The Fitbit has been around since its inception in 2007, and the entire market of modern wearables followed its release. Currently, roughly 21% of the US population owns wearable technology, but according to Ben Wood, an analyst from CCS Insight, “the reality is these devices have stalled in the marketplace.” How do current healthcare systems benefit from this popular platform, and what is the next step in wearable electronics?
The biggest pro of health wearables is their instantaneous single-parameter measurement, transmission, and collection of data. Smart wearables have the potential to offer an unobtrusive, 24/7 platform for specialized health services. Not only is it accessible and high-quality monitoring for potential patients, but it is also a cost-effective solution. The current technological development is of a high level; however, several issues still remain open.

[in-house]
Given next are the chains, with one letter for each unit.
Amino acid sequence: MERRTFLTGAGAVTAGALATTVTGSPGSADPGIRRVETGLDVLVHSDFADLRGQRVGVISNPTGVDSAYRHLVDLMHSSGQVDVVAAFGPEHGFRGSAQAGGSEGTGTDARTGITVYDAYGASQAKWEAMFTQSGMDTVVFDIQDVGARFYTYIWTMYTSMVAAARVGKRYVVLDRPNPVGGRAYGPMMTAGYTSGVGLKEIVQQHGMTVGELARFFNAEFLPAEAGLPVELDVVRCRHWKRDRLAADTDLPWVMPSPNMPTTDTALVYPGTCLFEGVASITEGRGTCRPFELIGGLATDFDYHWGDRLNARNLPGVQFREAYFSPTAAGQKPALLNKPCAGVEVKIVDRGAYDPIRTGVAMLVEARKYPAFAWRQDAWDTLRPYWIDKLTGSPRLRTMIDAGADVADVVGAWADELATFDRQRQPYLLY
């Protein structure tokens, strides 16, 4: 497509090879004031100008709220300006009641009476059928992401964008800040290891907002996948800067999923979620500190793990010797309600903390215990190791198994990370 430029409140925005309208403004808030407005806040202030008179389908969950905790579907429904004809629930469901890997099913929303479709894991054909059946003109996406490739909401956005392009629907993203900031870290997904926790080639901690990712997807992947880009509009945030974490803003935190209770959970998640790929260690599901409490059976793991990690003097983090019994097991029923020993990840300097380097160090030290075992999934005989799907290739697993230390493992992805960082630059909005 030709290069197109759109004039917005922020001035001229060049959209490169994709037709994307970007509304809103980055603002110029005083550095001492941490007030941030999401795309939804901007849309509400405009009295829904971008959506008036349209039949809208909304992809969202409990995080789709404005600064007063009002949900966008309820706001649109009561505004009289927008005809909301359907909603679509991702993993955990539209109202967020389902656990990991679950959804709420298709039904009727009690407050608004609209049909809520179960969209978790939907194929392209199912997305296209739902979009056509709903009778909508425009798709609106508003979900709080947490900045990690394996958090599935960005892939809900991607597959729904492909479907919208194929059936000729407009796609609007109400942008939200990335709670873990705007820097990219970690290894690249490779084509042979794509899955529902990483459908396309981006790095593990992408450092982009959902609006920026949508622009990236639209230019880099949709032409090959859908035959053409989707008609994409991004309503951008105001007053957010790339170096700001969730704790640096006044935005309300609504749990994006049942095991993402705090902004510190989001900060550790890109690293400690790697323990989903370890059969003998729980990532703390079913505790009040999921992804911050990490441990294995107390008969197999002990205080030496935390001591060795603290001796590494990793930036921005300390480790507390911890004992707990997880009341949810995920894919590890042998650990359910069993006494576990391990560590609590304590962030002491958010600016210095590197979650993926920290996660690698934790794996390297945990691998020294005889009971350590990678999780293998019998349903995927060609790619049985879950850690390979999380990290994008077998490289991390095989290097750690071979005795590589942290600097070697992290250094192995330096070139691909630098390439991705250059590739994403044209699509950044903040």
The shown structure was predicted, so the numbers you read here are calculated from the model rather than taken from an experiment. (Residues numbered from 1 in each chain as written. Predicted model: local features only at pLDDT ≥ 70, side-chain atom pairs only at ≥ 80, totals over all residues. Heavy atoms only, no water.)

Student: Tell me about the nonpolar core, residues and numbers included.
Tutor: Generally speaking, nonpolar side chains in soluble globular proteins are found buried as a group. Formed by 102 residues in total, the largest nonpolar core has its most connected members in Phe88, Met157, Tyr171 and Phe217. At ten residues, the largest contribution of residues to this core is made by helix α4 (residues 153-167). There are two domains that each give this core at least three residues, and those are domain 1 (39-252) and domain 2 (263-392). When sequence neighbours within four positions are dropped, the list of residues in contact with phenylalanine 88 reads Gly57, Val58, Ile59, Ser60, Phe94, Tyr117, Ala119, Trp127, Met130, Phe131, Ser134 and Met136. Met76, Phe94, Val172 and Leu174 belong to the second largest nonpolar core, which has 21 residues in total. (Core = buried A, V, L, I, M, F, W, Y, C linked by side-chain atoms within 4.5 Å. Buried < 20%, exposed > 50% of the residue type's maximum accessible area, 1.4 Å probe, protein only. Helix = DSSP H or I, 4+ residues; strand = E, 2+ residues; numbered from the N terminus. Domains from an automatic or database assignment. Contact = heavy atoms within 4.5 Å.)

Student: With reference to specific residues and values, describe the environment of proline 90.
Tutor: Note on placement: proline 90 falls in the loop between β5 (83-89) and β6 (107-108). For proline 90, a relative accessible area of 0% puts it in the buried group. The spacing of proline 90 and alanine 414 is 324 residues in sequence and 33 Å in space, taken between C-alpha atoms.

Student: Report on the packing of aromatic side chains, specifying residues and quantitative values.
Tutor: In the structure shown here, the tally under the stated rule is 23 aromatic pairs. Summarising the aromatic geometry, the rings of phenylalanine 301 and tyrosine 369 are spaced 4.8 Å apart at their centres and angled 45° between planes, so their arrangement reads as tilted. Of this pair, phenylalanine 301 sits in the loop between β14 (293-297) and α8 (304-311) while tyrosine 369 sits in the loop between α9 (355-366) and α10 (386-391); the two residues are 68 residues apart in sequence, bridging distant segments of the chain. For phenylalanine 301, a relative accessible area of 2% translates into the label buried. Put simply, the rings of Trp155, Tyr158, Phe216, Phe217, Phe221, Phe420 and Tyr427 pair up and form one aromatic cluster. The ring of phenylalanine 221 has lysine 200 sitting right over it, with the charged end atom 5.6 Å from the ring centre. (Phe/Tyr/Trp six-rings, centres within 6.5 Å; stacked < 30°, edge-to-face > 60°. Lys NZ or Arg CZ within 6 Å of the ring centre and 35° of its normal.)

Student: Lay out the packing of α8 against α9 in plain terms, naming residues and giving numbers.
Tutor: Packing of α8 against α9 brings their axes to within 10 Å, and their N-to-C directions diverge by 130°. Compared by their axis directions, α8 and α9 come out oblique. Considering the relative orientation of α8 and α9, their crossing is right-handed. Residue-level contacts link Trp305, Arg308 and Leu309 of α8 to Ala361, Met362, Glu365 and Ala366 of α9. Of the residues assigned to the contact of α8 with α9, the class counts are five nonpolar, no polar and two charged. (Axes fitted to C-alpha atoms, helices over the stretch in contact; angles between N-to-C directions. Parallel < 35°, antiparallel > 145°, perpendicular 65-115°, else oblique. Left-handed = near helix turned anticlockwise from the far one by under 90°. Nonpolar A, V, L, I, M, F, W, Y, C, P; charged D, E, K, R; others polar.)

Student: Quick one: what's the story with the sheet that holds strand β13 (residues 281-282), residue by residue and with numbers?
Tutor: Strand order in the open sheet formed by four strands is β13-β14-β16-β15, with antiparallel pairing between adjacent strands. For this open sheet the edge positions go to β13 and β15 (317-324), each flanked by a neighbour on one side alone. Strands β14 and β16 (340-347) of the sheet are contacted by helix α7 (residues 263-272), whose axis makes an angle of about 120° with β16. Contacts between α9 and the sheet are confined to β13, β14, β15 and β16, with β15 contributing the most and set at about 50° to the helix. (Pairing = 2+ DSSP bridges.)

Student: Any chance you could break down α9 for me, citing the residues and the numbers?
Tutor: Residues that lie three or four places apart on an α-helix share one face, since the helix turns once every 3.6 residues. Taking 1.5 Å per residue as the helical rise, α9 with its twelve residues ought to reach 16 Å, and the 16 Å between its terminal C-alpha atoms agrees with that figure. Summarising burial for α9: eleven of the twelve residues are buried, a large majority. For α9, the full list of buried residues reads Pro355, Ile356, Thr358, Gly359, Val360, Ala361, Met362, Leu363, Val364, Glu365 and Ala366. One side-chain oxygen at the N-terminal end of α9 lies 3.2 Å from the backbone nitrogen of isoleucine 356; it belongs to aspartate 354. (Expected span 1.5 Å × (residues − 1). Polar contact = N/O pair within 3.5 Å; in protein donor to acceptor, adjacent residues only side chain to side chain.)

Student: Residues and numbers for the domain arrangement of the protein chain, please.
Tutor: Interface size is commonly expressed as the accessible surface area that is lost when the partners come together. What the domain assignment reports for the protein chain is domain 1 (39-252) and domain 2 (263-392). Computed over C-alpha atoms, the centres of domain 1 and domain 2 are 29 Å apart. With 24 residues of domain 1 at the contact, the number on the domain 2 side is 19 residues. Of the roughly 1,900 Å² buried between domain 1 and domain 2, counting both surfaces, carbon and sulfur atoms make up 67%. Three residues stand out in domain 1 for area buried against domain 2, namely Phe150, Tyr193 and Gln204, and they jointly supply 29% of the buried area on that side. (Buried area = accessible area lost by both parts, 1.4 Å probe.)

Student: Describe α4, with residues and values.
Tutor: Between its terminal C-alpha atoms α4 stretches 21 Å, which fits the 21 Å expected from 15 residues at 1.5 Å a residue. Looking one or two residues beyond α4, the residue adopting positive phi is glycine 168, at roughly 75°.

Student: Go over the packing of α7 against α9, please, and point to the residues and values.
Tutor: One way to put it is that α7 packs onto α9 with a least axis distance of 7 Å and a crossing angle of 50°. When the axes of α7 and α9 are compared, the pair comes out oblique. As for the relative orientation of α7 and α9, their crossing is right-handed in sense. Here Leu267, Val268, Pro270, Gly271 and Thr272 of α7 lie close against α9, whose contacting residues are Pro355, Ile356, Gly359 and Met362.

Beyond advances in technology, the real challenge that prevents the effectiveness of wearables is the clinical validation and flow of data into electronic health record (EHR) systems. Much of the information stored on these devices is simply not configured to a format that physicians can use. While there is software available that can sync the two systems, this process is often too slow or cumbersome for potential time constraints.
Standardization and interoperability in the succeeding generation of smartwatches and devices is the next big step towards improving a patient’s lifestyle. It is very important to have simultaneous access to different kinds of health-related data, such as patient’s health record. This would give health professionals the much needed ability to remotely monitor and treat the health of an individual according to their personal health status. Easy communication between the device to the health provider is a step towards improving disease prevention and rehabilitation standards.